Last week, the administration sent a report to lawmakers stating the actions did not fall under the War Powers provisions because US forces, which help enforce NATO’s no-fly zone over the Libya, were not involved in “hostilities.’’ The White House contends that US troops play a largely logistical role in support — doing surveillance, attacking targets with remote-controlled drones, and providing refueling for NATO aircraft, for example — and are generally not imperiled by Libyan forces.

That argument fueled anger on and off Capitol Hill. “It is clear that the Obama administration’s claim that targeted bombings, missile strikes, and other military actions in Libya do not constitute ‘hostilities’ under the War Powers Resolution is not credible,’’ Boehner said.

Kerry, who became a leading antiwar figure after earning a Silver Star and Purple Heart in Vietnam, disagreed, saying he supported the administration’s rationale. Nonetheless, he said the resolution is essential because the president and Congress should be united in demonstrating resolve in the conflict to the American public, allies, and Khadafy. Both Kerry and McCain, Republican of Arizona and a prisoner of war for five years in Vietnam, were early advocates of a Libyan no-fly zone.

“I firmly believe the country is on the strongest footing when the president and the Congress speak with one voice on foreign policy matters,’’ said Kerry.

During a floor speech on the resolution, he insisted the resolution “is not a blank check for the president.’’

In a later e-mail, the senator contended it limits the United States to a supporting role and “clearly and unequivocally puts the Senate on record opposing the use of American ground troops in Libya.’’

Glennon, however, said the statement on ground troops is meaningless. In the absence of explicit language banning ground forces, nothing in the resolution would actually prevent the deployment of troops to Libya, he contended.

Harvard Law School professor Jack Goldsmith, who served as head of the Office of Legal Counsel during the Bush administration, wrote on his legal blog yesterday that the resolution would simply validate the Obama administration’s approach.

“Even if it only passes the Senate and not the House (where I doubt it could pass in this form), the president will use it as political if not legal support for his policies. The White House and presidential unilateralists should be happy with this development,’’ he wrote.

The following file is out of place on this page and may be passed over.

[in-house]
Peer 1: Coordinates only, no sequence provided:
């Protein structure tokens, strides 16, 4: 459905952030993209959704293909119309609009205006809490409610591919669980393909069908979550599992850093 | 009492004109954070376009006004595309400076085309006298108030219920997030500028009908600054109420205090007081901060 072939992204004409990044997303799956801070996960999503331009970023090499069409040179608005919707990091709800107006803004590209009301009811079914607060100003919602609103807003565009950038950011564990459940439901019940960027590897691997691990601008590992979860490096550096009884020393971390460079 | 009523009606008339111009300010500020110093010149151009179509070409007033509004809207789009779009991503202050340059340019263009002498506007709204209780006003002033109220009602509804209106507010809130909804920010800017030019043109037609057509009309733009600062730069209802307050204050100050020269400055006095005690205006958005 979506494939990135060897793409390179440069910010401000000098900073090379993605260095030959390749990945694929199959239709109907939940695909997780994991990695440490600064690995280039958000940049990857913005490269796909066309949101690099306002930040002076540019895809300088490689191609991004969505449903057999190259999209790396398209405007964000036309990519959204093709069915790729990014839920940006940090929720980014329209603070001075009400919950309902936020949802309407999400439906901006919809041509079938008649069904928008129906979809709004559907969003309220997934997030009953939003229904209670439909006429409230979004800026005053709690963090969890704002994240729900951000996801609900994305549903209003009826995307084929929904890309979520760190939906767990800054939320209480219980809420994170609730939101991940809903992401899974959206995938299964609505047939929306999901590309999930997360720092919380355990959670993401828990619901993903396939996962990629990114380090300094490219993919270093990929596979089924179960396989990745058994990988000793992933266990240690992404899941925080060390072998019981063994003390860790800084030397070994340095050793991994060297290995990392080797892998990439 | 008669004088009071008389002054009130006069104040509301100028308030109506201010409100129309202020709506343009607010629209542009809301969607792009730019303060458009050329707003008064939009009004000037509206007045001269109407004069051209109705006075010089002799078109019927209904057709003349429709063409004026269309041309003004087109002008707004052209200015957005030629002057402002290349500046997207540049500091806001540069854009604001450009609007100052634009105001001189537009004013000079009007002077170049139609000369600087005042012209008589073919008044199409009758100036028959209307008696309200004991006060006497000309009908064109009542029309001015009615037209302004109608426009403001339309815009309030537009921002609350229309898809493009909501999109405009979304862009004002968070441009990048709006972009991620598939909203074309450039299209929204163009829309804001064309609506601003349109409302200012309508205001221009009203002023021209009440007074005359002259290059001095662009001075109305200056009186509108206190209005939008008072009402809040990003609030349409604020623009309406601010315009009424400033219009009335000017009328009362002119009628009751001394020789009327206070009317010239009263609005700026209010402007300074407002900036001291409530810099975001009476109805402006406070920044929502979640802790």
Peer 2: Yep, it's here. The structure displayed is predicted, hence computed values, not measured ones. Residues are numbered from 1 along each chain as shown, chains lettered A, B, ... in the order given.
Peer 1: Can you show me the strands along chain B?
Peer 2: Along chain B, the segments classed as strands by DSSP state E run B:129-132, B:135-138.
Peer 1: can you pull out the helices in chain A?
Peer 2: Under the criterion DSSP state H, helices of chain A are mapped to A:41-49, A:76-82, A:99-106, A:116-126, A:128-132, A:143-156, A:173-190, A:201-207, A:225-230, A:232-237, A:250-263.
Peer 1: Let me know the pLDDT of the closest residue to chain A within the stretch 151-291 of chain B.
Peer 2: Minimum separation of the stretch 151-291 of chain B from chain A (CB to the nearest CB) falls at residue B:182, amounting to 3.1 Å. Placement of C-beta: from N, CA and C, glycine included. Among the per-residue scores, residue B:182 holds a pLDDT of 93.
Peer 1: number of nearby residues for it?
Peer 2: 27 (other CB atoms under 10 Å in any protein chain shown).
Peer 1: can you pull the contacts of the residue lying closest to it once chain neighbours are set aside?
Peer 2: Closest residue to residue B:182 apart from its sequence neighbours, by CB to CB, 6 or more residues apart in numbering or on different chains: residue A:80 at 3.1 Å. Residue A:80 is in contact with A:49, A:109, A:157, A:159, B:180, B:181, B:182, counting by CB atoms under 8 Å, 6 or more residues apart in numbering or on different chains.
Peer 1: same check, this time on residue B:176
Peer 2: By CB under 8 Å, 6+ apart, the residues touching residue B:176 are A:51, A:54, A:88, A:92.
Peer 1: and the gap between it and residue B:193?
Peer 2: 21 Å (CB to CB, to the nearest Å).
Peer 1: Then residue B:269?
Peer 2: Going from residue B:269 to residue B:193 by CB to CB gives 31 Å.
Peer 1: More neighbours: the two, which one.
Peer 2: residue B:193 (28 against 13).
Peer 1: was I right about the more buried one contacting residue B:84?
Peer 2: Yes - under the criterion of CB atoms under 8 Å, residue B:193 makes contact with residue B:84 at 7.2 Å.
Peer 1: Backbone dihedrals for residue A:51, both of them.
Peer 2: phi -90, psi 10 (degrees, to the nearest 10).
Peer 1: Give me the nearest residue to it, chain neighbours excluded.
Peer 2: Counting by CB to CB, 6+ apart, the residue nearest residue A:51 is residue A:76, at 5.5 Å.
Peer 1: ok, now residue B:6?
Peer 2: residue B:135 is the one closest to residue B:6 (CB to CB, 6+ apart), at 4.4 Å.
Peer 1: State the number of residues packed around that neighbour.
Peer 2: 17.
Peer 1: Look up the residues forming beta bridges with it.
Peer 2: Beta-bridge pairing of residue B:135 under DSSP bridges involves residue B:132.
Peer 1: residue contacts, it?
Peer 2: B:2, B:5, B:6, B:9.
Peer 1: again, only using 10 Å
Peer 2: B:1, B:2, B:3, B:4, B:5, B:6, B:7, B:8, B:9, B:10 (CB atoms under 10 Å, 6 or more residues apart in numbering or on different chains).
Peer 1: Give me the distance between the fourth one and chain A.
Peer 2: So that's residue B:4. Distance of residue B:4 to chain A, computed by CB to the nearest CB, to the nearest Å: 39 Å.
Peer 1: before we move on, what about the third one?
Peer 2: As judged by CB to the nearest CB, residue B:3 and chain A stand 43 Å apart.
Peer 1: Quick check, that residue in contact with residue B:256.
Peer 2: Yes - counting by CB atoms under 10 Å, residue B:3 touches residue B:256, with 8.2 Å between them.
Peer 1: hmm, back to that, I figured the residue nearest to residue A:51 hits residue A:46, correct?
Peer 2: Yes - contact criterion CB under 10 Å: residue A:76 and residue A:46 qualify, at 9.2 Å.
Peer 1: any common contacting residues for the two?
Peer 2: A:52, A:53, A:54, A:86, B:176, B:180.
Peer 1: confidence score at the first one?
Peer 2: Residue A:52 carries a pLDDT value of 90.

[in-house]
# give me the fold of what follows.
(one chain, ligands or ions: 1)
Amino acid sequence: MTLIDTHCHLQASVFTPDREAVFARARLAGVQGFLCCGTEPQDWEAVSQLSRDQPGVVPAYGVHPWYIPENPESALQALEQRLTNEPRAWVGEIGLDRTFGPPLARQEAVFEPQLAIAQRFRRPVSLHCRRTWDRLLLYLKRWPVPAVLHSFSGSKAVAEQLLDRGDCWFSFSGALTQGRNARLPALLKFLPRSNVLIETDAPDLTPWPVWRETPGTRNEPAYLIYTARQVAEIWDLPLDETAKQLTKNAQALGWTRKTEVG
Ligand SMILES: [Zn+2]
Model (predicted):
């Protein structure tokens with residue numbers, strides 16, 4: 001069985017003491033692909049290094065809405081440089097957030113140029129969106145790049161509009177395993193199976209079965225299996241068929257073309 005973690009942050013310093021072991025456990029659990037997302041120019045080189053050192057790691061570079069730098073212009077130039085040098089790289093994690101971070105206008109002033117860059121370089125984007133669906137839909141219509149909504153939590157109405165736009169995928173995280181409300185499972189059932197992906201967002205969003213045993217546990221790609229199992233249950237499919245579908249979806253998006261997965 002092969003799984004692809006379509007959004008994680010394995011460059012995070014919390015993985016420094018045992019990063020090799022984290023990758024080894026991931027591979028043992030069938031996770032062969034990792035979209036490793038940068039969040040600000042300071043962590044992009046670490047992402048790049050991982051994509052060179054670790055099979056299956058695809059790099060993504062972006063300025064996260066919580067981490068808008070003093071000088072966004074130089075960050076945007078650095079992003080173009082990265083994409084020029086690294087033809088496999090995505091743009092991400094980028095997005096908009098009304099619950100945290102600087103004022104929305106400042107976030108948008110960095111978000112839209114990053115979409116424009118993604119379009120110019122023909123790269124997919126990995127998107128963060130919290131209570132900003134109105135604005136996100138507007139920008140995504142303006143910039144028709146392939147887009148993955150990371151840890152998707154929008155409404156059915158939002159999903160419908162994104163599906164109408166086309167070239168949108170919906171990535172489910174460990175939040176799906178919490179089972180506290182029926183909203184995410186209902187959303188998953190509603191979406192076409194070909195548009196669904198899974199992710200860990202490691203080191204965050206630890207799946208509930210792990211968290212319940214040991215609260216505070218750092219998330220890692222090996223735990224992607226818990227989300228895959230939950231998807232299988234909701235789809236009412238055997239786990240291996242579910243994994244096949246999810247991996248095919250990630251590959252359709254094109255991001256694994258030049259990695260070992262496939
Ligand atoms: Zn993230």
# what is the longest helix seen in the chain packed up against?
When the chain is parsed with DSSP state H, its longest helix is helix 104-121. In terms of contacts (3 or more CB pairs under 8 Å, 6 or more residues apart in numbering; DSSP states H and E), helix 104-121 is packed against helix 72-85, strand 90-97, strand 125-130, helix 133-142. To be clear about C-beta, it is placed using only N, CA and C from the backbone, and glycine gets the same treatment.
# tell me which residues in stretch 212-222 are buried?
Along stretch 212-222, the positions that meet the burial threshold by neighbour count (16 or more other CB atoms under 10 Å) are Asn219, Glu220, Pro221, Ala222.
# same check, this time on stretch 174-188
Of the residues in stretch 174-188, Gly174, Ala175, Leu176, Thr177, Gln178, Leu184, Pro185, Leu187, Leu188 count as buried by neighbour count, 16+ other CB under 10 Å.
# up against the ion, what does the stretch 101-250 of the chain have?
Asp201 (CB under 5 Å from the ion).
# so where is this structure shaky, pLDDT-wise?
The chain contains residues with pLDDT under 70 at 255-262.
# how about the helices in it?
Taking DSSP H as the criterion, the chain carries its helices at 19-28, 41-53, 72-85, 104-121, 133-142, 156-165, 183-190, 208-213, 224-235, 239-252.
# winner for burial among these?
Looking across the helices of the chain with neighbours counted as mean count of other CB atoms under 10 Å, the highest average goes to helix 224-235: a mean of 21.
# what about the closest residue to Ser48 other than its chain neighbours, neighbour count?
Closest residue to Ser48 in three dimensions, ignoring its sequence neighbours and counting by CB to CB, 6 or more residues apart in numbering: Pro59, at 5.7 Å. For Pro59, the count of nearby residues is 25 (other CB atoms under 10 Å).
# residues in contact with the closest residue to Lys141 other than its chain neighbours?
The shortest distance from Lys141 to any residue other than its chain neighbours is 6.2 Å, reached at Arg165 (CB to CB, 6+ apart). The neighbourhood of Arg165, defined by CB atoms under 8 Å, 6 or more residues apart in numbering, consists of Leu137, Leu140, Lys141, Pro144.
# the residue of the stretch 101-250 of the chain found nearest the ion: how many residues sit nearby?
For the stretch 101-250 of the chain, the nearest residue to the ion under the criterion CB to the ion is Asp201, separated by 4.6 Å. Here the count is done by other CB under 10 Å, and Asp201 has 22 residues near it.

Senate majority leader Harry Reid, Democrat of Nevada, said he has enough votes to pass the resolution, which has support from leaders of both parties, including Richard J. Durbin, an Illinois Democrat, and his GOP counterpart, Jon Kyl of Arizona. Lindsey Graham, a South Carolina Republican who is a powerful voice for US military matters, also supports the measure, as does Connecticut independent Joseph Lieberman. Debate could start as soon as this week.

White House spokesman Jay Carney said the administration welcomed the resolution.

One prominent member of the Senate conspicuously absent from the resolution’s supporters is Republican Richard Lugar of Indiana, Kerry’s counterpart on the Foreign Relations Committee. Lugar has been critical of the administration’s efforts.

A spokesman for Senator Scott P. Brown, a Massachusetts Republican, said that Brown had not had a chance to see the resolution language. Brown said the administration needed to articulate US goals more clearly.

“I believe the Obama administration should clearly define to Congress and the American people our goal in Libya and the strategy for achieving it.’’

Theo Emery can be reached at temery@globe.com. Follow him on Twitter @temery.